An open and transparent accounting of PSD can be viewed with less difficulty in the light of a credible fiscal restructuring plan. A key debt mitigating element is the low share of external debt, accounting for less than a quarter of total debt. Moreover, the Eximbank loans from India and China are sizeable, but have a significant grant element, due to relatively long maturity and grace periods.
The consolidated budget deficit has climbed to almost 4% of GDP in 2017/18, and could be well in excess of 5% of GDP in 2018/19, after including off-budget expenditures. Driven by social spending and employee compensation, noncapital expenses show continued growth to reach around 24% of GDP in 2018/19, well above the stable level of non-grant revenue at 21% of GDP. A significant effort at fiscal discipline is required to rebalance expenses against revenue.
The need to contain the mounting deficit and public debt levels has been at the expense of a downsizing in capital spending, Unless the budget is restructured, public capital spending cannot be expanded significantly to meet the infrastructure upgrading needed for more vigorous growth. Even with an exceptional buttressing of revenue by Indian and Chinese Grants, the deficit remains too high for the required correction in the relatively high public debt burden.
Painful fiscal adjustments to curb social spending growth will become unavoidable in the coming years. Government’s fiscal strategy already plans for a much slower growth of expenses by 2020/21. The integrity of fiscal management and the attainment of the 60% PSD target will encounter serious doubts, without better transparency and openness in the reporting of public expenditures and indebtedness. Despite mitigating factors, an unanticipated adverse external shock could still put the country’s international credit rating at risk, by reducing Government’s ability to carry a relatively high debt burden.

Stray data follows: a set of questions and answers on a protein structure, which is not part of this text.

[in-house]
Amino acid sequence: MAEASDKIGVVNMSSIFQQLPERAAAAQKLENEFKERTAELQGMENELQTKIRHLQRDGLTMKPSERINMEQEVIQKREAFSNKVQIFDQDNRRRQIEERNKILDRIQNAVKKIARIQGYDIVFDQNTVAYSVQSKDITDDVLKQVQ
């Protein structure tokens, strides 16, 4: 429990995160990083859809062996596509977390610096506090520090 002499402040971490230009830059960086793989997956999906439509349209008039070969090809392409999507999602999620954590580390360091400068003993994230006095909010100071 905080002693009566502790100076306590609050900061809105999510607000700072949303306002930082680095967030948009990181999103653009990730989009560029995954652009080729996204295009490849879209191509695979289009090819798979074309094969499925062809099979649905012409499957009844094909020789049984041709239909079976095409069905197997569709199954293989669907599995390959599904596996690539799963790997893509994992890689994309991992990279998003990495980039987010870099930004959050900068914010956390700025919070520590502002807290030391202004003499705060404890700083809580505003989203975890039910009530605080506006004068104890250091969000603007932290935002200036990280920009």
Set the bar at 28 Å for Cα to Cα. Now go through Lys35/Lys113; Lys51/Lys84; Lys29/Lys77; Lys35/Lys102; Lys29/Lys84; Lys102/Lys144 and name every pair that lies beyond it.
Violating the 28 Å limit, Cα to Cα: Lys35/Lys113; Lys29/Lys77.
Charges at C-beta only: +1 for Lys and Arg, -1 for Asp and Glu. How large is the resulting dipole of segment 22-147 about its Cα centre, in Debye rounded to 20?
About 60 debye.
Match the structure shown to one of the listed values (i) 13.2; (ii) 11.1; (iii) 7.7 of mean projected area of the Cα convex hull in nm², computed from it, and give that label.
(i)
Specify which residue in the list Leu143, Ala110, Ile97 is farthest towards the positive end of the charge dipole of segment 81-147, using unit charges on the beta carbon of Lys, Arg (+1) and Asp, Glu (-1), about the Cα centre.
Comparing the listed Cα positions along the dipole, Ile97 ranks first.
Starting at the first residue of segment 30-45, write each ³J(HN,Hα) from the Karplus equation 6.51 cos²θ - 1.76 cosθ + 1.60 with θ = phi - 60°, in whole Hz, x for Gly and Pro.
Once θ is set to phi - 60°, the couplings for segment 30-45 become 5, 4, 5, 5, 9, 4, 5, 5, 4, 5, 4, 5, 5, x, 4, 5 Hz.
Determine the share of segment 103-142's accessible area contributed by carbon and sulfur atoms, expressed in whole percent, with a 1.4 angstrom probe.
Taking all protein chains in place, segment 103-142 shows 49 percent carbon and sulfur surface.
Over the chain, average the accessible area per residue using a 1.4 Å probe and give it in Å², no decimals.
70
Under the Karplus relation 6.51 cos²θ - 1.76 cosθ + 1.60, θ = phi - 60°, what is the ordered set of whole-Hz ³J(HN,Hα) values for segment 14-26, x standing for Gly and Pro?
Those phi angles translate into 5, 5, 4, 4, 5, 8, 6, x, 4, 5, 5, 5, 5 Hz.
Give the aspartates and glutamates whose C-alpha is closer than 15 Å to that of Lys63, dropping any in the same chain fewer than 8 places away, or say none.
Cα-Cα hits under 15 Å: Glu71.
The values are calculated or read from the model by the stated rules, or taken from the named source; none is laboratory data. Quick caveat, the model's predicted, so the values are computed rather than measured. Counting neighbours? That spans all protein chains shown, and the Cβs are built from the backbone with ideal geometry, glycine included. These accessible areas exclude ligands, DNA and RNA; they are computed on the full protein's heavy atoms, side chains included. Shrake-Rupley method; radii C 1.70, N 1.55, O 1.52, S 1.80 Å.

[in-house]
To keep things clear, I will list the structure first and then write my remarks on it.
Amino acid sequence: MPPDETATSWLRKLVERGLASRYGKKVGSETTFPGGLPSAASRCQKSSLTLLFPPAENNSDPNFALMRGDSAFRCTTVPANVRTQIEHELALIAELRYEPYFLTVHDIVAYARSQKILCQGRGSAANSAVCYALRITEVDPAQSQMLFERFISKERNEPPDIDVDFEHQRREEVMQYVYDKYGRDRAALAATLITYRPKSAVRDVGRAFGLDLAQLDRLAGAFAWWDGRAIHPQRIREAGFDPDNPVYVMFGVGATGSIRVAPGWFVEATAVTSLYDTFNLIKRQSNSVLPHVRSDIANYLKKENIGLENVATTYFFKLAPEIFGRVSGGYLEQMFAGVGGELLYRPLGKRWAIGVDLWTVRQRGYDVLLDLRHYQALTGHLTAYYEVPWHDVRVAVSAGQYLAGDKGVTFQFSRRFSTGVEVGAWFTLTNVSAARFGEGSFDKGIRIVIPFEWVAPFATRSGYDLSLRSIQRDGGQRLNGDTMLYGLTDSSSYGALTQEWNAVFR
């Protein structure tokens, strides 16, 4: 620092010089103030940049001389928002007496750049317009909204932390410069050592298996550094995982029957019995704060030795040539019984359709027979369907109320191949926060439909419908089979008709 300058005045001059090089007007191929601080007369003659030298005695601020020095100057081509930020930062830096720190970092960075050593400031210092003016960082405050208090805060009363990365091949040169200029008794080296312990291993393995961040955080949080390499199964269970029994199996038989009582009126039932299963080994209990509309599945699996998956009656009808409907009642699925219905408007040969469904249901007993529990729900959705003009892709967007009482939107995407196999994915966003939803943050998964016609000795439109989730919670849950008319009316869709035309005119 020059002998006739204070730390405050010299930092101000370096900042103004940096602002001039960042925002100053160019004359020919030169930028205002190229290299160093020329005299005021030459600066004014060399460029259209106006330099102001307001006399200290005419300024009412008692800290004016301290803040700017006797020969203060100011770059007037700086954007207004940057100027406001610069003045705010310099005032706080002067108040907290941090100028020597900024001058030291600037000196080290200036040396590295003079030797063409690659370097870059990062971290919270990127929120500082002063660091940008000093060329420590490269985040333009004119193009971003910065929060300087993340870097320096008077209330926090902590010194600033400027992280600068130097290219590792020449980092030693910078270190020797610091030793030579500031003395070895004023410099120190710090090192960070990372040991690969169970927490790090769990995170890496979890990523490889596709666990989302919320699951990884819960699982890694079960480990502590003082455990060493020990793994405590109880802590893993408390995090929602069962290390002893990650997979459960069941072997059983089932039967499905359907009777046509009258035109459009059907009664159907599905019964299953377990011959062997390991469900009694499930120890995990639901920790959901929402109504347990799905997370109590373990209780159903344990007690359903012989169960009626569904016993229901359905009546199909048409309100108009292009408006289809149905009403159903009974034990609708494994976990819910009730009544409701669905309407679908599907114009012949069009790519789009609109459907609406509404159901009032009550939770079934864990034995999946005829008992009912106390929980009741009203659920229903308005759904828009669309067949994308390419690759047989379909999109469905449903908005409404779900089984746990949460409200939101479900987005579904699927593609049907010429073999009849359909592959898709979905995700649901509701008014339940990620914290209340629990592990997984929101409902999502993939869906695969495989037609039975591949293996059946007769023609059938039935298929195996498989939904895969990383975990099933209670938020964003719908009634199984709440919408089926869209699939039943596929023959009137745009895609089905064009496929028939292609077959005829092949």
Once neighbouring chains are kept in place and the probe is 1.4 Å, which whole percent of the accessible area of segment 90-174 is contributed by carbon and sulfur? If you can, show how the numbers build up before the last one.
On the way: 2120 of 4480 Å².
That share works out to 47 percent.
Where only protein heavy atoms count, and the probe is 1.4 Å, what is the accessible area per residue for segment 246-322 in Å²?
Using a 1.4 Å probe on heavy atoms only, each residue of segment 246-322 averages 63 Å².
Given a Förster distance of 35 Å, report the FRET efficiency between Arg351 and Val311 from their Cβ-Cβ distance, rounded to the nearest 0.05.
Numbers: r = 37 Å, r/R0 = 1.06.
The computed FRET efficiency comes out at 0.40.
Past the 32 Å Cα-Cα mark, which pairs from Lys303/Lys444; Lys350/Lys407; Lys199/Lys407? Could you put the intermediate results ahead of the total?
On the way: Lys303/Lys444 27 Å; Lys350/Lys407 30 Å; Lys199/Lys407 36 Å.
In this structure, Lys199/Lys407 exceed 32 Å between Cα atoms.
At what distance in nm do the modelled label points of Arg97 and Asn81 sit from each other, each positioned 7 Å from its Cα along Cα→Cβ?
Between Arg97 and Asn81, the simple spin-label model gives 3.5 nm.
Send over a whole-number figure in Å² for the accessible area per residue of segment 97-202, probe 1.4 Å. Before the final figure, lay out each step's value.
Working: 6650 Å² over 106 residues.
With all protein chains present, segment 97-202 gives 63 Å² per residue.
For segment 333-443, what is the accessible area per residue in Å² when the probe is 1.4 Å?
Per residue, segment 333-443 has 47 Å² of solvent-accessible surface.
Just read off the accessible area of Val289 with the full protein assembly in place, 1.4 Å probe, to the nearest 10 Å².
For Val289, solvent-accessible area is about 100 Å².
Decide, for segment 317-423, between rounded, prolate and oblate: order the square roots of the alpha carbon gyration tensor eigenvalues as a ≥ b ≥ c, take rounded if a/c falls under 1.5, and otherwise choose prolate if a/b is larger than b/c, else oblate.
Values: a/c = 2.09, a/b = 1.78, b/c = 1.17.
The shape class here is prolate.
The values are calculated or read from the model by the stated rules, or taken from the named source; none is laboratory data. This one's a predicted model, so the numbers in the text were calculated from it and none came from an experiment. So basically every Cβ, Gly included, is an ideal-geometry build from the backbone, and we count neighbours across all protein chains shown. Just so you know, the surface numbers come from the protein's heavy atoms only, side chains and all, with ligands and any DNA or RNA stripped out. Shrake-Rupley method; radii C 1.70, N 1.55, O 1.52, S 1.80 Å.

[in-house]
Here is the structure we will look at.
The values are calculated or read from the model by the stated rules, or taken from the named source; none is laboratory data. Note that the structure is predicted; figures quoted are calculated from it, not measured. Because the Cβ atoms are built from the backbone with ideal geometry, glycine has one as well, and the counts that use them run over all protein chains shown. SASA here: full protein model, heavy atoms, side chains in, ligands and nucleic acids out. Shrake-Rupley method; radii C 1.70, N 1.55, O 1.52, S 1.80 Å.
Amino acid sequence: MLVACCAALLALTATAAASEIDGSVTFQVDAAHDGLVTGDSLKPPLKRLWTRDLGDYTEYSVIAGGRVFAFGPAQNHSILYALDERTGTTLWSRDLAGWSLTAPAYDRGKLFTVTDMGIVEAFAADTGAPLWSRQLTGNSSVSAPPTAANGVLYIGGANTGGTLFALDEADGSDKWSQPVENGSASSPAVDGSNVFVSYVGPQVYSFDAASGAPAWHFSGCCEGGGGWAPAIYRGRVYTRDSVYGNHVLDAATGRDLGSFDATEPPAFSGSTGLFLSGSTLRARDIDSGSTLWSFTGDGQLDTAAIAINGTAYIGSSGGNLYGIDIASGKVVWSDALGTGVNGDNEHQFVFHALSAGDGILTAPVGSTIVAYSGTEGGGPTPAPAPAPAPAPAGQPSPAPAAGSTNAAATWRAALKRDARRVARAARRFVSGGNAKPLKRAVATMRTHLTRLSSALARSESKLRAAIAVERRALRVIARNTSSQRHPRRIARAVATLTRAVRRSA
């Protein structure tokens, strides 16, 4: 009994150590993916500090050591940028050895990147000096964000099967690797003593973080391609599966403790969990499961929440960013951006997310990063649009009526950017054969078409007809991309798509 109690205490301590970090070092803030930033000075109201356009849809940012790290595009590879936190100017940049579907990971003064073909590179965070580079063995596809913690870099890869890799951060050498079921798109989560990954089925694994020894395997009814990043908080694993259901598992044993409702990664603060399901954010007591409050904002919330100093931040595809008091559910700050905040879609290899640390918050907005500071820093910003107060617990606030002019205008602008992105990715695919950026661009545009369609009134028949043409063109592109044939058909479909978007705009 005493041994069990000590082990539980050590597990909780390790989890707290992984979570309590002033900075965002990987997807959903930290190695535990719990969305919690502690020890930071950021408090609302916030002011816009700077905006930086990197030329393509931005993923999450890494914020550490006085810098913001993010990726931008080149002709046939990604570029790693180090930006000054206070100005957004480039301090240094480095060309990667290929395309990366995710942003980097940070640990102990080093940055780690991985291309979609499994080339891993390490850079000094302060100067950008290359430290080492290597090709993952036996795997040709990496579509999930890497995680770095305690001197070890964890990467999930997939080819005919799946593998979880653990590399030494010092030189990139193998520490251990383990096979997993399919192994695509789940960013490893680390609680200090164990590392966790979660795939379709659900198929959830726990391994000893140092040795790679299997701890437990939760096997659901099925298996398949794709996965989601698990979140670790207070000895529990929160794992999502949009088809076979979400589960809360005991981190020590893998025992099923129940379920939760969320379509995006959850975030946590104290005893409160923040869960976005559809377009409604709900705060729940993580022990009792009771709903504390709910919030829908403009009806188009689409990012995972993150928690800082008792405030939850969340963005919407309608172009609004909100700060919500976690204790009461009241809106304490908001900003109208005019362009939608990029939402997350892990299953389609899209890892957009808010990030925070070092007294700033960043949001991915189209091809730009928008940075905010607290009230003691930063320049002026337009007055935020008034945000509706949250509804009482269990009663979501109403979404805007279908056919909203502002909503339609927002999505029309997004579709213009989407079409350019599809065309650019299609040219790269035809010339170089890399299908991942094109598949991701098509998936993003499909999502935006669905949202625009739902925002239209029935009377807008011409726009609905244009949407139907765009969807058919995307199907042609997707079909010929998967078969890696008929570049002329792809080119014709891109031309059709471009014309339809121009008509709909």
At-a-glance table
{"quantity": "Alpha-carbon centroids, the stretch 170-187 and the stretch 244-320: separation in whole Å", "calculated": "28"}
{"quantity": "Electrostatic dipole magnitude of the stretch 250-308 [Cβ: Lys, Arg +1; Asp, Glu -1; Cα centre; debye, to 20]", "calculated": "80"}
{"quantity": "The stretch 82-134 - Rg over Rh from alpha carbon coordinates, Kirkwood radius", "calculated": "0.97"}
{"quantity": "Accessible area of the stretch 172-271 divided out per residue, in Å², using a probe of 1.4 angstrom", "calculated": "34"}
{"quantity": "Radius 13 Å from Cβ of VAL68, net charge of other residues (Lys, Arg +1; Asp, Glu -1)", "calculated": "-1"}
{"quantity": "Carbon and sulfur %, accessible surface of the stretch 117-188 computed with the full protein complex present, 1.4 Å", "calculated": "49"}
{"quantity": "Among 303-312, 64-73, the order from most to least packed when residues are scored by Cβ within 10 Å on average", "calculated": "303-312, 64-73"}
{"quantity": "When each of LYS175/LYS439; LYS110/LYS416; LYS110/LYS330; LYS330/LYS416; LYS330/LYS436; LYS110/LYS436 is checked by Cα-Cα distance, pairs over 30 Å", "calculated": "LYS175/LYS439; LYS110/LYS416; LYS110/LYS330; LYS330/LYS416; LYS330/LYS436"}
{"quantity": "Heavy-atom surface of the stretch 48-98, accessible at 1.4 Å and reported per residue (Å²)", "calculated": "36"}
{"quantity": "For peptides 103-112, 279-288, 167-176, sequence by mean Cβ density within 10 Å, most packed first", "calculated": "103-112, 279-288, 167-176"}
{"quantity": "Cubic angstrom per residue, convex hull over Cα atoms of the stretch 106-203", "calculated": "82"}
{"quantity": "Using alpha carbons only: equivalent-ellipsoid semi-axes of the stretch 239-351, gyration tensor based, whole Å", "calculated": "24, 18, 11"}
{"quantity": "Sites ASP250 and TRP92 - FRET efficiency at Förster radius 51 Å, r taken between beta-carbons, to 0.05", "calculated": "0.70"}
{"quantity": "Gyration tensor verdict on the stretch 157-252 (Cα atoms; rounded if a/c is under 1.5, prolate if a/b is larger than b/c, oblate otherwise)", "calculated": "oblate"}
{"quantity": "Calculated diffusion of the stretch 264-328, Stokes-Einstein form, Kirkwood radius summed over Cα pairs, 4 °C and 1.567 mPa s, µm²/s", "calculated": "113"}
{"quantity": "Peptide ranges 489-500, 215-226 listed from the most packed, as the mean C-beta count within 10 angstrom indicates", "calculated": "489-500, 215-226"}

Finally, budgetary policies that promote consumption at the expense of capital spending will not generate durably higher growth, but aggravate the current account deficit and heighten the exposure of the economy to external shocks. The relatively high external current account deficit reflects high consumption, or depressed savings, exacerbated by poor export competitiveness and performance, and reveals a crucial vulnerability of the economy to global financial turmoil.
Global Business Companies play a critical role in financing our balance of payments, but face growing uncertainties. Capital flows are currently flowing out of emerging markets as monetary policy tightens in the U.S., and the U.S. dollar shortage worsens. Adverse external sector developments could pose serious risks to our economic prospects.
The policies of the 2018/19 budget are focused more on extending social largesse, and less on rectifying the economy’s structural economic imbalances and addressing current challenges, to improve its resilience, productivity and competitiveness.